You build a Statue of Liberty out of rock and sand and iron. Will says proudly as the film closes, "It's to make sure we never forget where we came from." Would this have been another facepalm moment for most Apes fans? Essentially Will has built a Statue of Liberty steampunk sandcastle, forcing the classic Apes imagery into this modern aesthetic. Reading that line in Arnold's voice, imagining how ludicrous that situation is, induces a grin and chuckle. But after such a huge production, and with that statement at the end, grins and chuckles aren't exactly the desired effect. This ending, along with some tonal issues, make it a tricky sell for Apes fans, but given Stone's opinion of the series it's safe to say they weren't really a target demographic.
So in what realm of film development hell does this gem reside? What exactly went wrong? Jane Hamsher says in Killer Instinct that co-producer Don Murphy got into the film business because of Planet of the Apes. How could he have let this project die? For all the dramatic departures in style to the original series, the script reads well and is the product of a unified (albeit wacky as hell) vision. The answer to these questions is simple: Executive producer Chris Meledandri was promoted to Fox Family, and left the Apes project to a new Executive Producer, Dylan Sellers. Sellers had a vision that rivals Stone's in ridiculousness, although in Stone's defense he wasn't a fan and was starting from scratch. Sellers comes in, reads the script, and knows EXACTLY what the film needs: Baseball. Played by the apes, but coached by Arnold. "What if our main guy finds himself in Ape land, and the Apes are trying to play a game like baseball, but they're missing one element, like the pitcher or something. And when our guy comes along, he knows what they're missing, and he shows them, and they all start playing. Kind of like the Flintstones."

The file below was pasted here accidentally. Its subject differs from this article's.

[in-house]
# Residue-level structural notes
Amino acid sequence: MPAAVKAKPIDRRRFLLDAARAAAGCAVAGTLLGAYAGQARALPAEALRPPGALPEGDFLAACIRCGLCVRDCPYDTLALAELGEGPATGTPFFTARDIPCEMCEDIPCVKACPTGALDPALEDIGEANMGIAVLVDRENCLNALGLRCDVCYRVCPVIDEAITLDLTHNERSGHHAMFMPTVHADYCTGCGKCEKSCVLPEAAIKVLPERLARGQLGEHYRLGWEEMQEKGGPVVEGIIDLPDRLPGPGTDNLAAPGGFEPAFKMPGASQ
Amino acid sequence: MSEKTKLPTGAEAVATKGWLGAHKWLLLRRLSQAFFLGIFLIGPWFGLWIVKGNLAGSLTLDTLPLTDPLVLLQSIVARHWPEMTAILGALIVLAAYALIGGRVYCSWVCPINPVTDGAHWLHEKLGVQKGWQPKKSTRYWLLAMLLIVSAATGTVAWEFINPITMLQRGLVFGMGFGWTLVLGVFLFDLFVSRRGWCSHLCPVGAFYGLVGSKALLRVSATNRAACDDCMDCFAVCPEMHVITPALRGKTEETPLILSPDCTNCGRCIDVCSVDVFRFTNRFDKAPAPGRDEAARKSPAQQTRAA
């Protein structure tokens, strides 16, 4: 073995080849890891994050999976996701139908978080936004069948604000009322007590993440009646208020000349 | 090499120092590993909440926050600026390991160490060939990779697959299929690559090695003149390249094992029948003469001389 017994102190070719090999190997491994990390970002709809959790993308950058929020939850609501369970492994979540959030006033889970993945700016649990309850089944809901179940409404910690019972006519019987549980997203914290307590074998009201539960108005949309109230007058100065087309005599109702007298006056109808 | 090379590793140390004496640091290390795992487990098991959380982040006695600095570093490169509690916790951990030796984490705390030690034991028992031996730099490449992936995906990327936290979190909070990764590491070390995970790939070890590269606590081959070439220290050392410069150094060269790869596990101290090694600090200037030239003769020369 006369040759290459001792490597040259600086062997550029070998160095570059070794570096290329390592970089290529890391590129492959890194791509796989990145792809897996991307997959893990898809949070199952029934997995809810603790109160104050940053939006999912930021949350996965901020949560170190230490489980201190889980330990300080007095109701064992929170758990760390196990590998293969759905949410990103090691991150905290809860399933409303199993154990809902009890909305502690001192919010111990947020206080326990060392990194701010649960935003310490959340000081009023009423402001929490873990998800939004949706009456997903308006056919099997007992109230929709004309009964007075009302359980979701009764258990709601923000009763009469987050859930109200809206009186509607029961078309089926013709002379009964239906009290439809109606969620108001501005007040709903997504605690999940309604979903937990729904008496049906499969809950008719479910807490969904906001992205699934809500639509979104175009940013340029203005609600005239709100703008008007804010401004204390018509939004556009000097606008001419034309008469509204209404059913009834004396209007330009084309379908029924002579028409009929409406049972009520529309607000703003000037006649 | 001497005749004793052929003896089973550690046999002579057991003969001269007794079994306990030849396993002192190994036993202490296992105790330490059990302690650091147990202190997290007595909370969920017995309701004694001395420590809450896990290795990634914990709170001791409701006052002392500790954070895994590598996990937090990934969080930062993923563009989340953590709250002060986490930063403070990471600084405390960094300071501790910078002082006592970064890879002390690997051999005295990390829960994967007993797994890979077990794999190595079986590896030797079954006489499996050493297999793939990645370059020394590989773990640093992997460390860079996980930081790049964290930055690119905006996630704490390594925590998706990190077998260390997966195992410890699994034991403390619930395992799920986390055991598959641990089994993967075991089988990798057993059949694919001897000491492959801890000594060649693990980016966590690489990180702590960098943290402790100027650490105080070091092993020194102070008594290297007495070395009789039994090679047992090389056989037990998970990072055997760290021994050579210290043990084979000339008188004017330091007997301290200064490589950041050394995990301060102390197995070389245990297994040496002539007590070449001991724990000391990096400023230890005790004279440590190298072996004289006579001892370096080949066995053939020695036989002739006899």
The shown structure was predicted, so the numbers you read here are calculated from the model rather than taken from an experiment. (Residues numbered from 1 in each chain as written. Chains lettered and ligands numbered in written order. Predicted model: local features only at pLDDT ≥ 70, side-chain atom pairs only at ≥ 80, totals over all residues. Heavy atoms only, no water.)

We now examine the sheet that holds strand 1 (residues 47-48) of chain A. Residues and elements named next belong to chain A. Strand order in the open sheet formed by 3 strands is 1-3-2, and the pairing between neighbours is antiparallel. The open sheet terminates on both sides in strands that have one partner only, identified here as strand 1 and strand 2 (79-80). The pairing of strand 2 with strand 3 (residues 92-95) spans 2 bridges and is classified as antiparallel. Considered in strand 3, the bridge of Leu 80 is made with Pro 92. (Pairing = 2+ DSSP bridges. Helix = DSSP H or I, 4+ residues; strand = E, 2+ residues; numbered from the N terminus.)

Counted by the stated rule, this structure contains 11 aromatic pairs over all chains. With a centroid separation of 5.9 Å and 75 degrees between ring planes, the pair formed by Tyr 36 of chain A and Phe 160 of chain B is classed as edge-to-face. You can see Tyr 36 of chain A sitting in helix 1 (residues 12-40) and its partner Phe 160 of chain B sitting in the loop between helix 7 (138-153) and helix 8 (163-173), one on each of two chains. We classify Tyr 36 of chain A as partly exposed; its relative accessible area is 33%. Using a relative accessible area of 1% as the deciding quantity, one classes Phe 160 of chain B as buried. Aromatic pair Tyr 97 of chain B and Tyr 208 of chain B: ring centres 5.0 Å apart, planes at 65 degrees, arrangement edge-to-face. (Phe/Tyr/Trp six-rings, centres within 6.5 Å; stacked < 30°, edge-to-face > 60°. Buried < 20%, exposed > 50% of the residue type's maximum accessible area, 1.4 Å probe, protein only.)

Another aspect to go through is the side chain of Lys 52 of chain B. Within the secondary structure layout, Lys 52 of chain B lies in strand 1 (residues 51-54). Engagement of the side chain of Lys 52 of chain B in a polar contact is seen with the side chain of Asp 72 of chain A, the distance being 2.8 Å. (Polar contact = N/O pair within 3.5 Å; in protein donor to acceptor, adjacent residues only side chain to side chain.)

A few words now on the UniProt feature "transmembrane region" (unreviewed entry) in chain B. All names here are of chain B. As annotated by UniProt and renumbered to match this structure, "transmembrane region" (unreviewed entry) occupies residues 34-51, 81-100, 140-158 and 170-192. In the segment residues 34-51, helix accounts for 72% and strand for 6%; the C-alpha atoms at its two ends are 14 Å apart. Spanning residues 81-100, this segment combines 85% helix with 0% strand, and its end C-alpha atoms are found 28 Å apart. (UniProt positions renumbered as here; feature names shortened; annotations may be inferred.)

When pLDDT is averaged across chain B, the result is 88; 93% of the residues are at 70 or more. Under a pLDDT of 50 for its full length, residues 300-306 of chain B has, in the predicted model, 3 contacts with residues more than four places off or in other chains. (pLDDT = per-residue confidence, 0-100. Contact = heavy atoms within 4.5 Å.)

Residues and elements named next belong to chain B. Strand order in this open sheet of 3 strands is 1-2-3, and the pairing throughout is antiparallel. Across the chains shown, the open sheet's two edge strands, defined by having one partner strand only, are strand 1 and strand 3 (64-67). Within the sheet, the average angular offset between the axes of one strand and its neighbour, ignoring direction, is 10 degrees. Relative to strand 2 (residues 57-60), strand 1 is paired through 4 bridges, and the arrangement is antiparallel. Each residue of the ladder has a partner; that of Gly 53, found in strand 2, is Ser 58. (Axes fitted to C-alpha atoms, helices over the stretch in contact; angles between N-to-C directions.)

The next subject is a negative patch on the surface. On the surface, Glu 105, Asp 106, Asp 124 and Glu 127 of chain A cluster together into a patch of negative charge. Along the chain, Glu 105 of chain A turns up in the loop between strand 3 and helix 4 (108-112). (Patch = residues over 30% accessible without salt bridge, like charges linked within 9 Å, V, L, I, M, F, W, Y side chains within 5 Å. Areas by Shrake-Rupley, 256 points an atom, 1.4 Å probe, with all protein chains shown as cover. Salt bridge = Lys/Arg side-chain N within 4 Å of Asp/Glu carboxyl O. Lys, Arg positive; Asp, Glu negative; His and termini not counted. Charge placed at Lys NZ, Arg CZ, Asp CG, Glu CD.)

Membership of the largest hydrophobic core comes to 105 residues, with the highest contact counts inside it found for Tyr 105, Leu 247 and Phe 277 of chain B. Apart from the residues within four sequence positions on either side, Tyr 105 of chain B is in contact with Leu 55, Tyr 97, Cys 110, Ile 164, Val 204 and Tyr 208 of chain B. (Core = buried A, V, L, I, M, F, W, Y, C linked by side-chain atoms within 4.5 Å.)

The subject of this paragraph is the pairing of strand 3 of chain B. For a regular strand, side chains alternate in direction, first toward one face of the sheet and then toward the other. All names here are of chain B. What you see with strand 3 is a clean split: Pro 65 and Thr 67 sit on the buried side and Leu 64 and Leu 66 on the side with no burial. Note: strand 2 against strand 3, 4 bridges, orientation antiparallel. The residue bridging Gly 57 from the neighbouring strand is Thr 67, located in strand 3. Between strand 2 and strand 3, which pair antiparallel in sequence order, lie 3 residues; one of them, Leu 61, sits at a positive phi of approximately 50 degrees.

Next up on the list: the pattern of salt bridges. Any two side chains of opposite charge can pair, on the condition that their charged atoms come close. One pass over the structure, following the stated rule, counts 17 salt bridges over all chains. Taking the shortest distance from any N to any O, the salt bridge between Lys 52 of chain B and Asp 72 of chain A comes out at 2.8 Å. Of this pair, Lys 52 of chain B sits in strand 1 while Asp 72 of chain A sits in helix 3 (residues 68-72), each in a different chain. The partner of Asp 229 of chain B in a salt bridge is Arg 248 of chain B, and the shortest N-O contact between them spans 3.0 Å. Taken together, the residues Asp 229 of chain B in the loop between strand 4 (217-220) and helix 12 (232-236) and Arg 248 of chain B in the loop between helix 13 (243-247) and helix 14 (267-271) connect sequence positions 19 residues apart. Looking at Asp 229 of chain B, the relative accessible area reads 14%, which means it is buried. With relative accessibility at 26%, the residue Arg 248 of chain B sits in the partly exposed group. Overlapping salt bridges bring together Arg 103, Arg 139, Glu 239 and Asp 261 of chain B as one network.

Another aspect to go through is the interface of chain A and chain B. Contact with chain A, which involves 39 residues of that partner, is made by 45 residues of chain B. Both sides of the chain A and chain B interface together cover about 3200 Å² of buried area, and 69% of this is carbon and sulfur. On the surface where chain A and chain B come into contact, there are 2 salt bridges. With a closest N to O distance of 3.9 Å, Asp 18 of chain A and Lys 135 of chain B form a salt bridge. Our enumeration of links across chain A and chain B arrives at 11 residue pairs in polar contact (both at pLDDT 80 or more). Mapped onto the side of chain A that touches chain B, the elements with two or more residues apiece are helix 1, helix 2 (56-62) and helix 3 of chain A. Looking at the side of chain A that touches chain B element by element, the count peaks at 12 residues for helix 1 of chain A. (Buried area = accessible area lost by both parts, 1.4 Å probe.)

Sellers convinced himself this idea was necessary, and when the script didn't reflect that, Terry Hayes was fired. Just like that. A new writer was never found, and the whole thing fizzled out. Arnold's attachment loosened, and Stone sure wasn't sticking his neck out for the project. After all, he had already been paid for his initial idea, and it was easy for him to step out of the director role.
Jane Hamsher and Don Murphy went on to produce the Double Dragon film among numerous others, and were able to work with Hayes again when they brought him on to adapt Alan Moore's graphic novel From Hell. After the rollercoaster of a script and the behind-the-scenes politics, Return of the Apes was shelved. A few years later, Sam Hamm would use it as a starting point for a new script, keeping the rapid-aging virus. Versions were passed around, writers left and came, but by the time Tim Burton's remake came out, any evidence of Return of the Apes had disappeared. Burton's Apes wasn't exactly a fan-pleaser, and this 1994 screenplay may not have been either. One thing is clear, though: the film wouldn't have been boring, and probably would have fit right in with Arnold's other classics from the era.
A non-formatted, typo-filled version of the script can be read online, but it is a different version than I read. Diamond's line about Lost in Space is removed, as well as some other differences. Oddly enough, it says 'first draft' and is dated 1996, whereas mine was 1994 and also says 'first draft'. Hamm was working on his version of Apes in 1996, so if anybody has info on that feel free to share. I'd like to thank Scott Bradley for supplying a legitimate hard copy, as well as lending me Killer Instinct.
The amazing concept art was by Matthew Steele.
Also by Bryce Abood: